There is a report  from the FWS dated December 2023 available here [.pdf].  This report basically finds that wolves are doing fine and don’t need to be protected under the Endangered Species Act [ESA].

Nevertheless, FWS is not going to try again, at this time, to lessen protections for the Gray Wolf.

PBS NewsHour reprinted a piece by Associated Press’sMatthew Brown and titled it: “Feds won’t restore protections for gray wolves, propose national recovery plan”.

How’s that?  The “won’t restore” is what the FWS calls “a not warranted finding for two petitions to list gray wolves under the ESA in the Northern Rocky Mountains and the Western United States.”  The petitions demanded restoration of full Endangered Species status for the wolves in the Northern Rockies and the Western United States – which the FWS has declined to do – as “not warranted”.

Expect more legal challenges and noisy advocacy and pushback to that advocacy.  The topic of wolves produces a lot of opinions, viewpoints and emotional response [ mine here ]

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Lake Oroville Dam water release

Who says “people never learn”?  The California Department of Water Resources made this announcement on 30 January 2024:

“Ahead of forecasted winter storms this week, the Department of Water Resources (DWR) began increasing water releases to the Feather River today from the Oroville-Thermalito Complex. These releases provide flood control protection for downstream communities and are coordinated closely with the U.S. Army Corps of Engineers and other water operators. Feather River recreation users are advised to remain alert as river flows are expected to be swift and cold and may change based on projected weather forecasts.”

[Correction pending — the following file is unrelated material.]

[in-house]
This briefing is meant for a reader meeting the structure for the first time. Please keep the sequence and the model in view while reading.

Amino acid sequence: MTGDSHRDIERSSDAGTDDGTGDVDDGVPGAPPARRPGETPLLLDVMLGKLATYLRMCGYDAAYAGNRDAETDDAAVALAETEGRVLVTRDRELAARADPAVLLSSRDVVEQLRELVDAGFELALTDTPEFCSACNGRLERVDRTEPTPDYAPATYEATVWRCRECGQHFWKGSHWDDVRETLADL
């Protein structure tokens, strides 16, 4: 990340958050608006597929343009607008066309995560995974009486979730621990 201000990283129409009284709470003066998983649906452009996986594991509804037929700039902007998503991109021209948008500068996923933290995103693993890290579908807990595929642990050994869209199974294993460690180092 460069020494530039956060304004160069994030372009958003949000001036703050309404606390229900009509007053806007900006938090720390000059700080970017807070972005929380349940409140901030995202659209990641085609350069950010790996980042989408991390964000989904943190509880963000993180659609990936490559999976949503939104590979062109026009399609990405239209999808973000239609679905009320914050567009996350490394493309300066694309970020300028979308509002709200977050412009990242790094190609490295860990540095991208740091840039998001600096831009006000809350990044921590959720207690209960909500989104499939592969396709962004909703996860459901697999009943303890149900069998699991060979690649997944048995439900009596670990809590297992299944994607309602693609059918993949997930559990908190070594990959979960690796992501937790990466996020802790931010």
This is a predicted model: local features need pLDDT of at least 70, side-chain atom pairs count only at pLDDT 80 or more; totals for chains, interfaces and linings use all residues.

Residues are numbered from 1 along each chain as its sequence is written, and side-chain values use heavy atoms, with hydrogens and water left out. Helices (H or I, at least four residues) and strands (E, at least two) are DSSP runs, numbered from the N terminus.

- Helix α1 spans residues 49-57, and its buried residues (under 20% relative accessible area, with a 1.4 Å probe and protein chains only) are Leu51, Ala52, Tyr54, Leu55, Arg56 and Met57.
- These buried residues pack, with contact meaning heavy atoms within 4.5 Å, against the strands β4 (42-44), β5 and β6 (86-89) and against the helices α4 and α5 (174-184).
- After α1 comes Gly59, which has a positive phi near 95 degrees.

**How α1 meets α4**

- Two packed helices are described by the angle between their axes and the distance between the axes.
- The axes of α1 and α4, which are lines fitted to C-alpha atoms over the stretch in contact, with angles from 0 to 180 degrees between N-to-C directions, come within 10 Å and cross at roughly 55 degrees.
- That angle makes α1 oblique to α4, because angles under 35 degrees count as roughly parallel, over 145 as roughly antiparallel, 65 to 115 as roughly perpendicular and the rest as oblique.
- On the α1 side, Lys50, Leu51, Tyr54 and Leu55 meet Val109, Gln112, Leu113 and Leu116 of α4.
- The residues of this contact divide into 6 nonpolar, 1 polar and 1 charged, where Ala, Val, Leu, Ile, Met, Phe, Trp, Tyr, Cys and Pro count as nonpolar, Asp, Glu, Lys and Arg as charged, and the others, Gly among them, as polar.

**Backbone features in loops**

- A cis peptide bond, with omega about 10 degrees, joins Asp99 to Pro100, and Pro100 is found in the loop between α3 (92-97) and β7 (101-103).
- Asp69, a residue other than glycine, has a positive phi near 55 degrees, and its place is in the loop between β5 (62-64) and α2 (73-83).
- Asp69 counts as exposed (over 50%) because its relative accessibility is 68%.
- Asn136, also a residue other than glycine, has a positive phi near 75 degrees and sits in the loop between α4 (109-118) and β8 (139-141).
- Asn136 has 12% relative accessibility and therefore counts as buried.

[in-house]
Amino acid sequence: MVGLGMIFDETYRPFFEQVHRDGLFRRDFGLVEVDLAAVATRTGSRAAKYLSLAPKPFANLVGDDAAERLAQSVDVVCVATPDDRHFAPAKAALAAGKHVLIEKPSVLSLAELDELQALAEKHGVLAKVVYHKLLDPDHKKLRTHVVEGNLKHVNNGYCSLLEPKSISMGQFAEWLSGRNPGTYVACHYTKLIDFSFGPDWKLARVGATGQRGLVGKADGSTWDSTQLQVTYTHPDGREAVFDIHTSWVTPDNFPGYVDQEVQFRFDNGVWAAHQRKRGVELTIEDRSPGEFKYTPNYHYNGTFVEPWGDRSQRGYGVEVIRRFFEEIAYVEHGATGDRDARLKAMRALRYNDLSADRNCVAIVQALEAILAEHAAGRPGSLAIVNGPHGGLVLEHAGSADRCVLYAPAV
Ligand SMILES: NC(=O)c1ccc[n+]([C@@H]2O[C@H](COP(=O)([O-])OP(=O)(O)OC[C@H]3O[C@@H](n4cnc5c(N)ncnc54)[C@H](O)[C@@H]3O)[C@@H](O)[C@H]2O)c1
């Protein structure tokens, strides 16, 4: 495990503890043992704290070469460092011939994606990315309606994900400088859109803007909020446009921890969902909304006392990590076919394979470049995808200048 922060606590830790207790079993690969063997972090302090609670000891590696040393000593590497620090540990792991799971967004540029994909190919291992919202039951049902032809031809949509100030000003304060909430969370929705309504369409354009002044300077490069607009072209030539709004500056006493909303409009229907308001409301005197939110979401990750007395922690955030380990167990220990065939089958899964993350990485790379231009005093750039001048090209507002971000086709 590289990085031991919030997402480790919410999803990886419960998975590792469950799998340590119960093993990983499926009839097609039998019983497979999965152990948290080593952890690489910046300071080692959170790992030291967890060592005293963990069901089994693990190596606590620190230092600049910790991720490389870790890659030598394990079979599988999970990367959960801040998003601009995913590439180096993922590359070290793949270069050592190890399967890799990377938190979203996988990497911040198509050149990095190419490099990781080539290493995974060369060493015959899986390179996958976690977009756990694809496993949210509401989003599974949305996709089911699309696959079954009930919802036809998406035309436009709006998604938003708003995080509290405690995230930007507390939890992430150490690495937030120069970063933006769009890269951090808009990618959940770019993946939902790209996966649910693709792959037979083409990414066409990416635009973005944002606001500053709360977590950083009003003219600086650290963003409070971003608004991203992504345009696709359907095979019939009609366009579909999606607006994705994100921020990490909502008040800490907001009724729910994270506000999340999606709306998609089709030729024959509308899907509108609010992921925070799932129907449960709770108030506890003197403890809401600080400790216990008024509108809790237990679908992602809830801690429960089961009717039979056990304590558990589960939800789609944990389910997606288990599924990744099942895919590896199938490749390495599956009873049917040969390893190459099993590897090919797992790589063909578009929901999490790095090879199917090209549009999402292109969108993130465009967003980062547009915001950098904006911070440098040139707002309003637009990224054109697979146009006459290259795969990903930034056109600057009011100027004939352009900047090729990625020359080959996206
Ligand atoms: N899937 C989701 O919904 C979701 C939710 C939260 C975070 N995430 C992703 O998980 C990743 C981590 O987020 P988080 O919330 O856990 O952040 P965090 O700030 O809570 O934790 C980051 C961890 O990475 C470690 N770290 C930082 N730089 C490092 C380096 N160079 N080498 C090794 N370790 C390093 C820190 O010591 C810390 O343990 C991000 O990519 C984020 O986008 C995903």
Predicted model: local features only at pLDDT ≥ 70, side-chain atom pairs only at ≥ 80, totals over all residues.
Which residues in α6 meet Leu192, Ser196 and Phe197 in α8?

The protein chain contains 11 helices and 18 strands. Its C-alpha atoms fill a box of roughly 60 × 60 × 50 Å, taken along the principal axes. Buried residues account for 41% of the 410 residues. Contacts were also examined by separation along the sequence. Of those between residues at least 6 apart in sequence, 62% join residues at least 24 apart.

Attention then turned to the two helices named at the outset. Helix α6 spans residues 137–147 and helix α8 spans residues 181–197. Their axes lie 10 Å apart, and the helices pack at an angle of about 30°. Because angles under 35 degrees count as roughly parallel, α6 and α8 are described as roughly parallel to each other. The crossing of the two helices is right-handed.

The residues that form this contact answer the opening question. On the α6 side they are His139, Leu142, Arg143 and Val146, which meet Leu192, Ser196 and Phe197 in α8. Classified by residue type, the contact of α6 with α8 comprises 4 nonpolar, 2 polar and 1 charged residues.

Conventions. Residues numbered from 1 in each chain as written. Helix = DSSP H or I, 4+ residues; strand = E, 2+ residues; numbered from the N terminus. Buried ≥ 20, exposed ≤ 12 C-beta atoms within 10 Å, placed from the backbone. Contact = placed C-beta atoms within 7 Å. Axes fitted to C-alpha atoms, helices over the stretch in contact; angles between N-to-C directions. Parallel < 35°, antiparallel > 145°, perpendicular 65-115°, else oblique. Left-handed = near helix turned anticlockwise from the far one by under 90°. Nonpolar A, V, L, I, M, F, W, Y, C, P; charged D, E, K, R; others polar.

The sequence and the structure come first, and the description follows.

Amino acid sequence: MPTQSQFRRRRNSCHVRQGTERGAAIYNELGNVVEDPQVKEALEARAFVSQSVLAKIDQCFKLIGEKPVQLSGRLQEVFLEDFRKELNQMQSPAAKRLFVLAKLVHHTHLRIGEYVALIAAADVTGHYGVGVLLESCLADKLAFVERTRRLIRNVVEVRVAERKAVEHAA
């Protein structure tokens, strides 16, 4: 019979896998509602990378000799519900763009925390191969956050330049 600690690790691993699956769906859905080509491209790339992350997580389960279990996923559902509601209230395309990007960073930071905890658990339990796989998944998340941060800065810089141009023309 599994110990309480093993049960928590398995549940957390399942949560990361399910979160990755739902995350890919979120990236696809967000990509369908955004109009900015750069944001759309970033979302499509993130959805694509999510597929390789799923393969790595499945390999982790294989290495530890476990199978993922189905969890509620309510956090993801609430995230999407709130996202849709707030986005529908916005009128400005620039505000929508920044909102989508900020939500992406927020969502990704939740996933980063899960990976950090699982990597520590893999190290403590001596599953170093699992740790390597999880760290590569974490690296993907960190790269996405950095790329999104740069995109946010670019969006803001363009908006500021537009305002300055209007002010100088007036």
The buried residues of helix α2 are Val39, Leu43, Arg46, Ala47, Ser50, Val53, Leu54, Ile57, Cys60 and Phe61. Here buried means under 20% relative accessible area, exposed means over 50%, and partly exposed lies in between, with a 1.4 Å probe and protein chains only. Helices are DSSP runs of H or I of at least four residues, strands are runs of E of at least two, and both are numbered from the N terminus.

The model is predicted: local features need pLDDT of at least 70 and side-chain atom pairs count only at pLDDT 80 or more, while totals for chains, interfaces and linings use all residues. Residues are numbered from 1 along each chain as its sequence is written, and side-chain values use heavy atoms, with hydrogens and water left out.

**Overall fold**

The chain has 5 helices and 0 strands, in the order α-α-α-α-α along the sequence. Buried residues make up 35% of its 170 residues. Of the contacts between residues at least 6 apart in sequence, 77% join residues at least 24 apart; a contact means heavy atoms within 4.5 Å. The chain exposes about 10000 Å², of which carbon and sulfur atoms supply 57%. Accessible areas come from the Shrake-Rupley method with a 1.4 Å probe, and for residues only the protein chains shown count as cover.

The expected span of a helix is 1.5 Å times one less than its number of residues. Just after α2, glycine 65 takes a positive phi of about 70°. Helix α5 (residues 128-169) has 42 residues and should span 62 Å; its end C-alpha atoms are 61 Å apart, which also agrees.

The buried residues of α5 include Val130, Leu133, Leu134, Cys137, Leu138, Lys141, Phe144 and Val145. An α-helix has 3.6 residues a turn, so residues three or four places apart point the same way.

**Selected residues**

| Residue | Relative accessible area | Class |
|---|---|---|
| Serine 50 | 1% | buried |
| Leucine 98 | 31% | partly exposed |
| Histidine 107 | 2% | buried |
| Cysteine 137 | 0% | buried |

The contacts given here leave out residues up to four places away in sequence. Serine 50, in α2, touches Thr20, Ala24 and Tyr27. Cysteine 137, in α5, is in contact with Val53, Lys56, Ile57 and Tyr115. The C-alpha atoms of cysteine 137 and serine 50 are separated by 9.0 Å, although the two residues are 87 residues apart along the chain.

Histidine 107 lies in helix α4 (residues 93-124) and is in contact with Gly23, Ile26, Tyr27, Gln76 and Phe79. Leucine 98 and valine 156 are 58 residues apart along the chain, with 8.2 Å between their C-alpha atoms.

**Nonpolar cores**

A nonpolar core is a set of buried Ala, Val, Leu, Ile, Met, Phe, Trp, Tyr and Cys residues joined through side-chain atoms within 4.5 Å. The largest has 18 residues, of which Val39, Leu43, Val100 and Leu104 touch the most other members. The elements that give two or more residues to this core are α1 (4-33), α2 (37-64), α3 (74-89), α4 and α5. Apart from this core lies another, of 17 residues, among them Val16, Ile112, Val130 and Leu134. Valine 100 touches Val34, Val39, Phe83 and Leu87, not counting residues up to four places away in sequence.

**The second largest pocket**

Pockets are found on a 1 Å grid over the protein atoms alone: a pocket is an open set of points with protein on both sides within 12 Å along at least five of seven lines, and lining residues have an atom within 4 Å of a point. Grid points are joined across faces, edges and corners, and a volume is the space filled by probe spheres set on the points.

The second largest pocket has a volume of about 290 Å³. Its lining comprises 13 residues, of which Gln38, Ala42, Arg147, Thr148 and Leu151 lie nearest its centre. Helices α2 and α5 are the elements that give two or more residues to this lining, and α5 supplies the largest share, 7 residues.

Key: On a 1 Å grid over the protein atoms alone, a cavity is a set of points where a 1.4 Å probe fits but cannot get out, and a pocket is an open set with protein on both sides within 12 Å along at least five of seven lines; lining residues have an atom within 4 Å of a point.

The Department of Water Resources (DWR) has a terrific video of the event (2:20).

Why is the interesting news?  Let me refresh your memory, when in 2017 the DWR failed to release adequate amounts of water prior to heavy rains.  This created the Oroville Dam Crisis  and resulted in the evacuation of 180,000 people.  At that time, Anthony Watts’ hometown was close enough for the Oroville Dam story to be local news and this crisis was covered here at WUWT.

The Great Salt Lake: Personhood ?

The U.S. State of Utah says “Not so fast, Lefty!”

Oddly covered in the Climate Crisis News cabal outlet Inside Climate News (ICN), we get this as:

Utah Legislature Takes Aim at Rights of Nature Movement